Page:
July 23, 2001 (New York) -- Does feeding an infant formula made with cow's milk increase their risk of developing type 1 diabetes? And if so, does breastfeeding protect at-risk infants against the disease?
Years of research have identified the potential link between cow's milk and type 1 diabetes, but not all experts are convinced. So, the debate continues.
A new study of more than 200 newborns at-risk for type 1 diabetes suggests that feeding an infant formula made with cow's milk may up their chances of developing the disease. The findings were presented earlier this month by Finnish research Hans K. Akerblom, MD, at the annual meeting of the American Diabetes Association in Philadelphia.
After breastfeeding, the babies were fed a formula made either with or without cow's milk. Those fed the formula made without cow's milk were about 50% less likely to develop proteins that are associated with type 1 diabetes. Thus, Akerblom postulates, cow's milk may cause diabetes in genetically at-risk kids.
But other studies have found that infants fed cow's milk are no more likely to develop the disease than infants who are breastfed.
Now, the researchers are launching a 17-country trial of about 3,000 children in an attempt to find a definitive answer.
So what's a mom to do now?
"The studies are a mixed bag," says Alan Greene, MD, assistant clinical professor of pediatrics at Stanford University School of Medicine, and founder of drgreene.com, a children's health website for parents.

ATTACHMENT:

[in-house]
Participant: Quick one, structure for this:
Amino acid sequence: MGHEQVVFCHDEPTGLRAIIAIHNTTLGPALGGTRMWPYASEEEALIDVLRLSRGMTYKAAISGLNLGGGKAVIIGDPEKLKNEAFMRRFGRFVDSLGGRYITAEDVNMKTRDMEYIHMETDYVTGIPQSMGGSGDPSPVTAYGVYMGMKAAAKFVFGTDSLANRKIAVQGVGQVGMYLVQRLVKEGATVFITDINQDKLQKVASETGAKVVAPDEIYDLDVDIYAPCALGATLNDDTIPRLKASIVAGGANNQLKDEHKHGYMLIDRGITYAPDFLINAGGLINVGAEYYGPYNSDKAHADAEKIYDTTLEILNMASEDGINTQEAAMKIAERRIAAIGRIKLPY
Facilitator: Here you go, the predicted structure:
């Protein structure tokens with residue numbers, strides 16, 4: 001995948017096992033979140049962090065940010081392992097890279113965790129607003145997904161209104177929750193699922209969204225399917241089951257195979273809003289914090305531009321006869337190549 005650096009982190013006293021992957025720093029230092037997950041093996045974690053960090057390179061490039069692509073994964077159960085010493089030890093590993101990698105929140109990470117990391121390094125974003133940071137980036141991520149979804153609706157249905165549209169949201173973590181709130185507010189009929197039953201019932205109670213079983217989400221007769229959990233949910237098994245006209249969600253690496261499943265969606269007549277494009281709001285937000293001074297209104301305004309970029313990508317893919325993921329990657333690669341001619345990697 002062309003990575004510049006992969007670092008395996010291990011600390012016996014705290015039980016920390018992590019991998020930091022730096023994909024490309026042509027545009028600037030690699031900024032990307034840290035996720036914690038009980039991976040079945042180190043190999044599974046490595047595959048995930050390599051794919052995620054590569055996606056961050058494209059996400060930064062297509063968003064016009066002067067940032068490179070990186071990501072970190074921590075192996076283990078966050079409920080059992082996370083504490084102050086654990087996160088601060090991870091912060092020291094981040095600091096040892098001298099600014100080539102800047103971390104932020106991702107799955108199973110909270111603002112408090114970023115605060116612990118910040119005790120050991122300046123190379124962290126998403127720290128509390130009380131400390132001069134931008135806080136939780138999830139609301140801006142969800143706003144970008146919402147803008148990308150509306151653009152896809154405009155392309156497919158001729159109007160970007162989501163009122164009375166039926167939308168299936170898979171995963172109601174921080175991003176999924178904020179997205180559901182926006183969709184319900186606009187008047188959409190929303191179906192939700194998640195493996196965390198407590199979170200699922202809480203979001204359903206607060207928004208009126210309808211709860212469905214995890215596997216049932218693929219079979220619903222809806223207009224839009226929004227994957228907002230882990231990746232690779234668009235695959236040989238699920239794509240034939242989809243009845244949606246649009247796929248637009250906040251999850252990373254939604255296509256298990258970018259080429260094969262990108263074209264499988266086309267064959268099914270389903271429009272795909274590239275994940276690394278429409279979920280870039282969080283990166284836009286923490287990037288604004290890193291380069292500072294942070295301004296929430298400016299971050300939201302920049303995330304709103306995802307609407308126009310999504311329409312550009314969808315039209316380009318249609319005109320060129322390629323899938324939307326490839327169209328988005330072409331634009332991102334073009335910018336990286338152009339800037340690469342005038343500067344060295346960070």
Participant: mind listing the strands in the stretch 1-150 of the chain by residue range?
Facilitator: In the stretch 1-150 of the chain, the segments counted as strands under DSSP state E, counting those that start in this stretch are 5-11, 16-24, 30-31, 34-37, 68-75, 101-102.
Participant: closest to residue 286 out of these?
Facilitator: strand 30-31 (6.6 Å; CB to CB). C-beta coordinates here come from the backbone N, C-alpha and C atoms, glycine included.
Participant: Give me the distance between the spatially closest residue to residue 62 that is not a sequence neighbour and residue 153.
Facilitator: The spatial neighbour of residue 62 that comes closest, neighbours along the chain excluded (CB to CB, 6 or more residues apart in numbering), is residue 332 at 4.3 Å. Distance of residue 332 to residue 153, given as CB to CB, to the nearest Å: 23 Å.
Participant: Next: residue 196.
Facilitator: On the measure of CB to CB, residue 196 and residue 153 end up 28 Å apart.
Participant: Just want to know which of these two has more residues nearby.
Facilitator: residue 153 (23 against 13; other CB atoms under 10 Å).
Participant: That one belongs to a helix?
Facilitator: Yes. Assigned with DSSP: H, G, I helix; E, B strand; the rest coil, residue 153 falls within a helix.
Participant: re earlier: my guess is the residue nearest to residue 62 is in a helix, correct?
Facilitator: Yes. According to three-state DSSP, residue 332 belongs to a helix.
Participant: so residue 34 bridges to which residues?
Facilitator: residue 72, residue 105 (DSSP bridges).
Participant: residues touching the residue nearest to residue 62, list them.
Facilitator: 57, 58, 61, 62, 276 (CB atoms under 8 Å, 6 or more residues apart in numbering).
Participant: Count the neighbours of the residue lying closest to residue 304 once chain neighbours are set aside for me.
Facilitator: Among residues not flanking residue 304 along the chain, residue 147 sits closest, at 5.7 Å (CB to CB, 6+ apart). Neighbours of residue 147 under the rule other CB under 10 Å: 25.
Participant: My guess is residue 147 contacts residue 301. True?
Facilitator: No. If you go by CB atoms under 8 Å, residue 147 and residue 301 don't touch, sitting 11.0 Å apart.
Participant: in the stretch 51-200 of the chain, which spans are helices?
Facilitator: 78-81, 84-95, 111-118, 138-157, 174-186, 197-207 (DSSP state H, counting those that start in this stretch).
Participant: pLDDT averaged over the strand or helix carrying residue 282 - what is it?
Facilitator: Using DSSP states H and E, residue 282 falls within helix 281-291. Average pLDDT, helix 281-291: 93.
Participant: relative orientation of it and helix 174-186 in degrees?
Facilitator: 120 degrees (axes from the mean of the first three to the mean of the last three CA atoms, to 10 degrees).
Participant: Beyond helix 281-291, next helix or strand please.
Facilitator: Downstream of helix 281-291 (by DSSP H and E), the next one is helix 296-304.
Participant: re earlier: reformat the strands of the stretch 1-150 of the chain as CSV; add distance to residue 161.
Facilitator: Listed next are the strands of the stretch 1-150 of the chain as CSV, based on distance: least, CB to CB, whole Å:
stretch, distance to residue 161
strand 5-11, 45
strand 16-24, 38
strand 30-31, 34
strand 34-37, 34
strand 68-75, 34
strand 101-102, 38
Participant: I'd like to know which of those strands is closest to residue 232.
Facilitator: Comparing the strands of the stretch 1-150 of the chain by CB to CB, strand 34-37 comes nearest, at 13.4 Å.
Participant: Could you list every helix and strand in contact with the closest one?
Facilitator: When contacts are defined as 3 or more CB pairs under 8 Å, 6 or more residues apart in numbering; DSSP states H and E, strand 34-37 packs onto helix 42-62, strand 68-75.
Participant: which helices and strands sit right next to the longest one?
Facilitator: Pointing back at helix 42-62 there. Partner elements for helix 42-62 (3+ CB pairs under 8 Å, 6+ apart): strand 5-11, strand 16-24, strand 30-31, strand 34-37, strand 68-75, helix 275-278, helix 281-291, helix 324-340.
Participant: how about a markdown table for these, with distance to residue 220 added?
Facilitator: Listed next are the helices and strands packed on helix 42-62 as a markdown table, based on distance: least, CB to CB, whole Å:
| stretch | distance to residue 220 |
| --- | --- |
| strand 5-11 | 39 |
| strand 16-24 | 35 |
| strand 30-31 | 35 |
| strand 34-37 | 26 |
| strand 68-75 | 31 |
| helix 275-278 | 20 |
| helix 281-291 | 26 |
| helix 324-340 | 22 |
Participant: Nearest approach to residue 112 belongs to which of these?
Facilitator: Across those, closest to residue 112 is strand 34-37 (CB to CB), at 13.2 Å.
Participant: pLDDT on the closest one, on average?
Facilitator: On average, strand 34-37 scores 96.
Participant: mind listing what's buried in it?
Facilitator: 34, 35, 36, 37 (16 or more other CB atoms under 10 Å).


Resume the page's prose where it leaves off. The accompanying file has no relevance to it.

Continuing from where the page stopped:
"Clearly the answer is not in, but if there is someone with type 1 in the immediate family, I recommend breastfeeding for as long as possible -- at least one year -- or to avoid cow's milk formula for the first six to eight months," he tells WebMD.
Exactly what causes type 1 diabetes is not fully understood, but genes and early diet may play a role. Type 1 diabetes is less common in people who were breastfed and in those who first ate solid foods at later ages. One study showed that drinking about three glasses of cow's milk per day upped type 1 diabetes risk among children with siblings who have type 1 diabetes.
About one million Americans have type 1 diabetes, in which the body's insulin-producing cells are destroyed or absent. Insulin helps regulate the amount of sugar in our blood. In most people with type 1 diabetes, the immune system begins attacking its own insulin-producing cells. Without these cells, the body cannot make insulin and sugar builds up in the blood.
Some proteins in cow's milk may induce the immune system to attack insulin-producing cells.
"The studies are split," says John Buse, MD, the director of the Diabetes Care Center at the University of North Carolina at Chapel Hill. "I think breast feeding ... may also be good for reducing diabetes risk."
Breastfed babies may have higher IQs and stronger immune systems than babies fed with formula. Previous research suggests that breastfeeding during a baby's first year may help lower the risk of gastrointestinal, or GI, tract infections, which affect the stomach and intestines, and atopic eczema, a common skin condition that affects around 10% of all infants and children.